Translatability score revisited: Differentiation for distinct disease areas

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Abstract

Background: Translational science supports successful transition of early biomedical research into human applications. In 2009 a translatability score to assess risk and identify strengths and weaknesses of a given project has been designed and successfully tested in case studies. The score elements, in particular the contributing weight factors, are heterogeneous for different disease areas; therefore, the score was individualized for six areas (cardiovascular, oncology, psychiatric, anti-viral, anti-bacterial/fungal and monogenetic diseases). Results: FDA reviews and related literature were used for modifications of the score with emphasis on biomarkers, personalized medicine and animal models. 113 new medical entities approved by FDA from 2012 through 2016 were evaluated and metrics obtained for companion diagnostics and animal models as starting points for author-based individualization of the score. Most drugs approved in this period were related to oncology (46%), while the approvals were lowest for psychiatrics (4%). The evaluation of the FDA package inserts revealed that companion diagnostics play an important role in every field except psychiatrics. Further the analysis of the FDA reviews showed the weakness of animal models in psychiatrics and anti-virals, while useful animal models were present for all other fields. Consequently the scoring system was adapted to the different fields, resulting in increased weights for animal models, biomarker and personalized medicine in oncology. For psychiatrics the weights for animal models, biomarker and personalized medicine were decreased, while the weight for model compounds, clinical trials and surrogate or endpoint strategy were increased. For anti-viral drugs weights for in vitro data and personalized medicine were increased, while the weight for animal models was decreased. Further, for anti-bacterial/fungal drugs weights for animal models and personalized medicine were increased. Weights were increased for genetics and personalized medicine and decreased for model compounds for monogenetic orphans. Conclusions: Adaptation of the score to different disease areas should help to support a structured and diverse approach to translation and encourage researchers in the private or public sectors to further customize the score.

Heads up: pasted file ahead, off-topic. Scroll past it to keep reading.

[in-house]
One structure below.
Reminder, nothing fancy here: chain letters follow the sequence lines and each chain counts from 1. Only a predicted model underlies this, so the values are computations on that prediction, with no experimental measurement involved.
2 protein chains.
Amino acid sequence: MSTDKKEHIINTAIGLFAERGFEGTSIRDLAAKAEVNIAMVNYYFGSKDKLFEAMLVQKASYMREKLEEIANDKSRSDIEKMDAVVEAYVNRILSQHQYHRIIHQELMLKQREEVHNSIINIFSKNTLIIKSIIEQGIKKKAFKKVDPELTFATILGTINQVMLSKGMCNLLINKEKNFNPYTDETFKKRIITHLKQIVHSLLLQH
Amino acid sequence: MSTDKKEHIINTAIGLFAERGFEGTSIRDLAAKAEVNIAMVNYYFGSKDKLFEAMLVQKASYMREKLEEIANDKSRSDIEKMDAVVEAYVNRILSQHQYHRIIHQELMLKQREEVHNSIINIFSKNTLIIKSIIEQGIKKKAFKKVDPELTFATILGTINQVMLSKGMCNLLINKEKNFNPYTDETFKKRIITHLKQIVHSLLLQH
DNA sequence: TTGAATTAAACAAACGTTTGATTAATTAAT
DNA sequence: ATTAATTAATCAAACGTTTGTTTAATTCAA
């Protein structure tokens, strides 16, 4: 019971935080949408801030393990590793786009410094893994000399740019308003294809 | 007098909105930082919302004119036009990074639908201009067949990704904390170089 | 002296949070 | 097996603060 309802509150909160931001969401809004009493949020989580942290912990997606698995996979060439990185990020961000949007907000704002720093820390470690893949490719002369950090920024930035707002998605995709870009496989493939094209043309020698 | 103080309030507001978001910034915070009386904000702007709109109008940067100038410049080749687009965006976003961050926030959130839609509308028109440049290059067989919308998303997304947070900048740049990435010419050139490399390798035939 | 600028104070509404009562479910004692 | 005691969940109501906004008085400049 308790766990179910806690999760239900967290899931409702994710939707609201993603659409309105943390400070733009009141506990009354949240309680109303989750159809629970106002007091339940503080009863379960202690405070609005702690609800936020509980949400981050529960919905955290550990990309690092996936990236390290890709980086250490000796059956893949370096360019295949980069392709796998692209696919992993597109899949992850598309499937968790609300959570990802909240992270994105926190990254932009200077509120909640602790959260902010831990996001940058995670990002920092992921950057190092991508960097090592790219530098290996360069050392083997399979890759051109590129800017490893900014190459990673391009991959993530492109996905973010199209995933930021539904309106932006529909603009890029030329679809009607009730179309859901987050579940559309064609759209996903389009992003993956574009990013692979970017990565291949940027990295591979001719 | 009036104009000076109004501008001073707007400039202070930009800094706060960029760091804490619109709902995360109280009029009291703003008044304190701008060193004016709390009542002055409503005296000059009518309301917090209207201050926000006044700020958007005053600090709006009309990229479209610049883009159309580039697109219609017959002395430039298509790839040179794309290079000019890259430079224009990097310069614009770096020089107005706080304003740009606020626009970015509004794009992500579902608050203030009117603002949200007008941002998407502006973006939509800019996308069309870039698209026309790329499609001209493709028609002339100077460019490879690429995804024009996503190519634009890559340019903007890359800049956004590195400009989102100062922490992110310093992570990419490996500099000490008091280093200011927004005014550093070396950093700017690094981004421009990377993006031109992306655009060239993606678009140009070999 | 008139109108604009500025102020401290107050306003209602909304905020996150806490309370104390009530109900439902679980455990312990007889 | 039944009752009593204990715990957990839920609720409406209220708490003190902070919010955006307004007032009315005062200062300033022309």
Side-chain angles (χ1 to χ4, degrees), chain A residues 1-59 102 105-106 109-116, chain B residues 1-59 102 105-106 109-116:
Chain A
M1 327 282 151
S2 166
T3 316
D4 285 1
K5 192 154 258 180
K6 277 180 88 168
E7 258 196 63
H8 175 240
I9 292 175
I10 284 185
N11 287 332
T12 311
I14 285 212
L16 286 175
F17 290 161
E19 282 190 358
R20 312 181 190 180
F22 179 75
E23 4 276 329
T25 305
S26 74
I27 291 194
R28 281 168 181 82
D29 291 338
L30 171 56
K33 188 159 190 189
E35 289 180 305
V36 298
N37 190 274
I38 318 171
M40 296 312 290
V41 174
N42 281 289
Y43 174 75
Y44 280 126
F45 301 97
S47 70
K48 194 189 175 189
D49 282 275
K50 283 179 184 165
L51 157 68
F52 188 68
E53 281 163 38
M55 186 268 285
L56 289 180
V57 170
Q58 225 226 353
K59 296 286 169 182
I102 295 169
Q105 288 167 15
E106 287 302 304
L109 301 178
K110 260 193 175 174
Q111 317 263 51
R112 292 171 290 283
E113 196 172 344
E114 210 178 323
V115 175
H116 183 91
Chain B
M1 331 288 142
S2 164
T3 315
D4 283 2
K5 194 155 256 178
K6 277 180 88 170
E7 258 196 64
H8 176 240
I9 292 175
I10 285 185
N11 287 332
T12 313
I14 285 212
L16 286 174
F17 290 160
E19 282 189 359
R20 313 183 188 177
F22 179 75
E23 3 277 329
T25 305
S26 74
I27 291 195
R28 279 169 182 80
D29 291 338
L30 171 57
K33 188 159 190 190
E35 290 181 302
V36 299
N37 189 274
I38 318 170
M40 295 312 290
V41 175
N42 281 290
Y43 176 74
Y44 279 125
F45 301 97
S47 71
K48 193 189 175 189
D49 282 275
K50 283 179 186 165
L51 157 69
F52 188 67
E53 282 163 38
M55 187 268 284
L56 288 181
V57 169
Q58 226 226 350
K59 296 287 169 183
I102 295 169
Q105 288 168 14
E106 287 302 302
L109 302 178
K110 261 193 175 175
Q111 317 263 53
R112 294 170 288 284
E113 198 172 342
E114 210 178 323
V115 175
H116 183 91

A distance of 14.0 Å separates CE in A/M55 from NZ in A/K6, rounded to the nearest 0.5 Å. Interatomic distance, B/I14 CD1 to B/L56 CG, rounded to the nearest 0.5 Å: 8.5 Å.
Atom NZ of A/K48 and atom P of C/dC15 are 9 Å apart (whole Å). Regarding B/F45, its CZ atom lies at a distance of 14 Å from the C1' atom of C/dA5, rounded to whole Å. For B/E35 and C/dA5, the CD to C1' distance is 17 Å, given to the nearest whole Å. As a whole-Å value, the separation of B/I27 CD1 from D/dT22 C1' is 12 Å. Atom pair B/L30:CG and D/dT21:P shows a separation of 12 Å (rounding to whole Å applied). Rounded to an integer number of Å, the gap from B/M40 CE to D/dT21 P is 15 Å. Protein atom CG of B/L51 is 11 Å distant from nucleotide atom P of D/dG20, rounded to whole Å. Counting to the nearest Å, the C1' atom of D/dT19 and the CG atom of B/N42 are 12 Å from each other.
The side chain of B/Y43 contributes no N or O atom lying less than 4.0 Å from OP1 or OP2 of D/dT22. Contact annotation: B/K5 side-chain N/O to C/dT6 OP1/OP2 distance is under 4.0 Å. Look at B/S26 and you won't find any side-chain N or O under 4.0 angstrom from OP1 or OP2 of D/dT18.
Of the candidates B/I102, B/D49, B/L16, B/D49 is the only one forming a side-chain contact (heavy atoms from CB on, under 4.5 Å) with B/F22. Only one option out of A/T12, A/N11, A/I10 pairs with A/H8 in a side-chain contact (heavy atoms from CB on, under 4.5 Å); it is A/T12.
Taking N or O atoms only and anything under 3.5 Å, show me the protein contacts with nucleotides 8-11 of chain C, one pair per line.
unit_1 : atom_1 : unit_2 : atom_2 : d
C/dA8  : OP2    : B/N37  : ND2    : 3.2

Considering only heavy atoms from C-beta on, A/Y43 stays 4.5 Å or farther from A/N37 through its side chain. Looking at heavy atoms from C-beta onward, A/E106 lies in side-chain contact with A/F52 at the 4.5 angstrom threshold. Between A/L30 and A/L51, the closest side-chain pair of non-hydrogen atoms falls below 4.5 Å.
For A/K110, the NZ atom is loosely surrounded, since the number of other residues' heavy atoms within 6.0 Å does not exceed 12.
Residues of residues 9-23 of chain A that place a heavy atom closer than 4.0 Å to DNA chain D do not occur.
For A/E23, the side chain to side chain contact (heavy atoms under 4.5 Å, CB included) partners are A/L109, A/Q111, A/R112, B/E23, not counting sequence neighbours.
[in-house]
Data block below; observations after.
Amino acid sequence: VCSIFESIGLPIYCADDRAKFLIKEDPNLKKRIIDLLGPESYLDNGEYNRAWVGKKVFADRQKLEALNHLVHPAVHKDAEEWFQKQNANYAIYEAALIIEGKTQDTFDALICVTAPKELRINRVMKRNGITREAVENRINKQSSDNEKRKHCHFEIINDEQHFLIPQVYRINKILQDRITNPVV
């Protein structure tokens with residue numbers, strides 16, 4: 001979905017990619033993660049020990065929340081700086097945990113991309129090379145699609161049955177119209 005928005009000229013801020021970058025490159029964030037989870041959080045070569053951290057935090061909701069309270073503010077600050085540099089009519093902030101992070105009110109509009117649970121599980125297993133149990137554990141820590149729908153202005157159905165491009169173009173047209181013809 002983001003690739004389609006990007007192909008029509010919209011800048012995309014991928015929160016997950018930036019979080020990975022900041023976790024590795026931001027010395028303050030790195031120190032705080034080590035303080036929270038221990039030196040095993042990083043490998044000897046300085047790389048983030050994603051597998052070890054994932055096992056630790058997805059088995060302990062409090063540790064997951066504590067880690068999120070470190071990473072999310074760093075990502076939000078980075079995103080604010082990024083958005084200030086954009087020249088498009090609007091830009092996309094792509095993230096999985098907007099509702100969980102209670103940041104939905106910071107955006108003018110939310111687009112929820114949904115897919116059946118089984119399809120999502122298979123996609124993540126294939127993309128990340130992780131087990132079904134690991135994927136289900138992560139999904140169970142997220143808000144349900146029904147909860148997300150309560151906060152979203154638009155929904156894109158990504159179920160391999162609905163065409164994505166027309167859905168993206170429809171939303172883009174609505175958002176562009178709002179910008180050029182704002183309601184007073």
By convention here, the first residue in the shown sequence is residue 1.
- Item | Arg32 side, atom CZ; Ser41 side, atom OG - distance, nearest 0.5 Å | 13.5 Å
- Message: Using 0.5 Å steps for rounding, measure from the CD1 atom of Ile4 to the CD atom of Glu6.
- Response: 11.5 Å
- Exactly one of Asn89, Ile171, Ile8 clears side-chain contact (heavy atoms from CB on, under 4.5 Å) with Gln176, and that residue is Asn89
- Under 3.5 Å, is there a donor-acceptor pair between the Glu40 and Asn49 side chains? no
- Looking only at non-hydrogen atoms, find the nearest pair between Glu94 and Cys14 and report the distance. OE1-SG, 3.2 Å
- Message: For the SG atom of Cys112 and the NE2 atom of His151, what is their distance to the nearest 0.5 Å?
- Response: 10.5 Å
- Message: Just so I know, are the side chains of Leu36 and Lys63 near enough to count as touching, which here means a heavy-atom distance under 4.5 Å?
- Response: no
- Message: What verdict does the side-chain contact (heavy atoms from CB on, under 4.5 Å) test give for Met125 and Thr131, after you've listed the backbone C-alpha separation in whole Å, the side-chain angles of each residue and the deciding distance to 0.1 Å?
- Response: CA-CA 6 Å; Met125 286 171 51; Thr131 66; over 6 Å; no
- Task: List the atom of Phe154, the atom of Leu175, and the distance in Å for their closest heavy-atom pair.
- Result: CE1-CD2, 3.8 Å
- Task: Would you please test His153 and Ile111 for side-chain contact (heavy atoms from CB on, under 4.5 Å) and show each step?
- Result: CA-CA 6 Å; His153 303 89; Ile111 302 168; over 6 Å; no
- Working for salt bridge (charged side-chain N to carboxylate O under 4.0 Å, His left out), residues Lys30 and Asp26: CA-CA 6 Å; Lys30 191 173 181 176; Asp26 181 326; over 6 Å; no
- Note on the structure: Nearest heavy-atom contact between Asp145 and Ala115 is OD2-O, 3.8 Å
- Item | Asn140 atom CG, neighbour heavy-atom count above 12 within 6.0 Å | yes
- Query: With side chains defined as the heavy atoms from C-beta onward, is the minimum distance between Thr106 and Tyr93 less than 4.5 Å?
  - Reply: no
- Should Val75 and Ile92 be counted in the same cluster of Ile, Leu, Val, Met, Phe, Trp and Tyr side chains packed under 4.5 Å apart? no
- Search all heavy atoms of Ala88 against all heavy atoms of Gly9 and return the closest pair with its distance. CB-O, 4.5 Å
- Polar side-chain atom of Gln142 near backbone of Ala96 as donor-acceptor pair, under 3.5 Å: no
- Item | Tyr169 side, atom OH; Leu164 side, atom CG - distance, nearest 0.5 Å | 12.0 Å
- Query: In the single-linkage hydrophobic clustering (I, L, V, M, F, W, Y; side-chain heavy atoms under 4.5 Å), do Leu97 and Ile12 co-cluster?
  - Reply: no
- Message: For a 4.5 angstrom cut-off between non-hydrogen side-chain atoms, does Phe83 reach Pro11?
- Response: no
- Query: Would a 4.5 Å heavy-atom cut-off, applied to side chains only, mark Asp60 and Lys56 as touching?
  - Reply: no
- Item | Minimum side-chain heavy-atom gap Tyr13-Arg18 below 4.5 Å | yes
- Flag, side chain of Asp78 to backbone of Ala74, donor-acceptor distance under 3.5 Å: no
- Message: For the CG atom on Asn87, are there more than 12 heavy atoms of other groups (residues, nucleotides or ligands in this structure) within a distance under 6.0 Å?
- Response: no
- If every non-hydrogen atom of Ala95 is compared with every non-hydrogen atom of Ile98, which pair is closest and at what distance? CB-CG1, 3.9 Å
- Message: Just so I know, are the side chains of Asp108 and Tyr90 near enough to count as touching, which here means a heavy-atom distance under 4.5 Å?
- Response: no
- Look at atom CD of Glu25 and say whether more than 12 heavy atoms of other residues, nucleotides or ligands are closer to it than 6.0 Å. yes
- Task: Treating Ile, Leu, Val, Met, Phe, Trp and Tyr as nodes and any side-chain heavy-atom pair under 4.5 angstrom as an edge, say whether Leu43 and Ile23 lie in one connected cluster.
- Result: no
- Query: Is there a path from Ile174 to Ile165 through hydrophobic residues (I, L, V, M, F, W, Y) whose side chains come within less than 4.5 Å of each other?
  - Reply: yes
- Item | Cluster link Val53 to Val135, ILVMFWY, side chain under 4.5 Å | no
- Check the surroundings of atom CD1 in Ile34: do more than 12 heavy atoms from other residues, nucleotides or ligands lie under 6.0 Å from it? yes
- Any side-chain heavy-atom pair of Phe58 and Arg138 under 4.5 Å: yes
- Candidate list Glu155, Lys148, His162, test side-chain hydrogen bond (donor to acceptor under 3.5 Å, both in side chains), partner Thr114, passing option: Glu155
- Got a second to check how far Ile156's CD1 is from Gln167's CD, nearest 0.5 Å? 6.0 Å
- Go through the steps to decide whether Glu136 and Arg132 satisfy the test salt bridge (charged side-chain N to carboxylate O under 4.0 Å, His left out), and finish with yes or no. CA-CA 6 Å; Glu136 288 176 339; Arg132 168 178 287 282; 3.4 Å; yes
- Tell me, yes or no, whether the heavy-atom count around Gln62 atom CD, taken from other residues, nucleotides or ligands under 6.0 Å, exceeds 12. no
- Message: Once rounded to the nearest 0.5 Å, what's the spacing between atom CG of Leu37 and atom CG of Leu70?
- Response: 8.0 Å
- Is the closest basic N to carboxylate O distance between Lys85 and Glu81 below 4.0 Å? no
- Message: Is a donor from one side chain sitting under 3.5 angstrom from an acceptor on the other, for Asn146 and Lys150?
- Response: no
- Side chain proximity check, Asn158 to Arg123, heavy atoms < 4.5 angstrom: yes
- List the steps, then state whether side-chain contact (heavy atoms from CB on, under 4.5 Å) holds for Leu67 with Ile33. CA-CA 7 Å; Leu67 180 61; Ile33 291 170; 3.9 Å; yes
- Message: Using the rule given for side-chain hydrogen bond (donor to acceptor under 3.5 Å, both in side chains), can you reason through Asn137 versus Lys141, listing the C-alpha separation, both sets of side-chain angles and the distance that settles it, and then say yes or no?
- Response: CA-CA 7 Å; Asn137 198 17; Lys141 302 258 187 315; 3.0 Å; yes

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Wendler, A., & Wehling, M. (2017, November 3). Translatability score revisited: Differentiation for distinct disease areas. Journal of Translational Medicine. BioMed Central Ltd. https://doi.org/10.1186/s12967-017-1329-y

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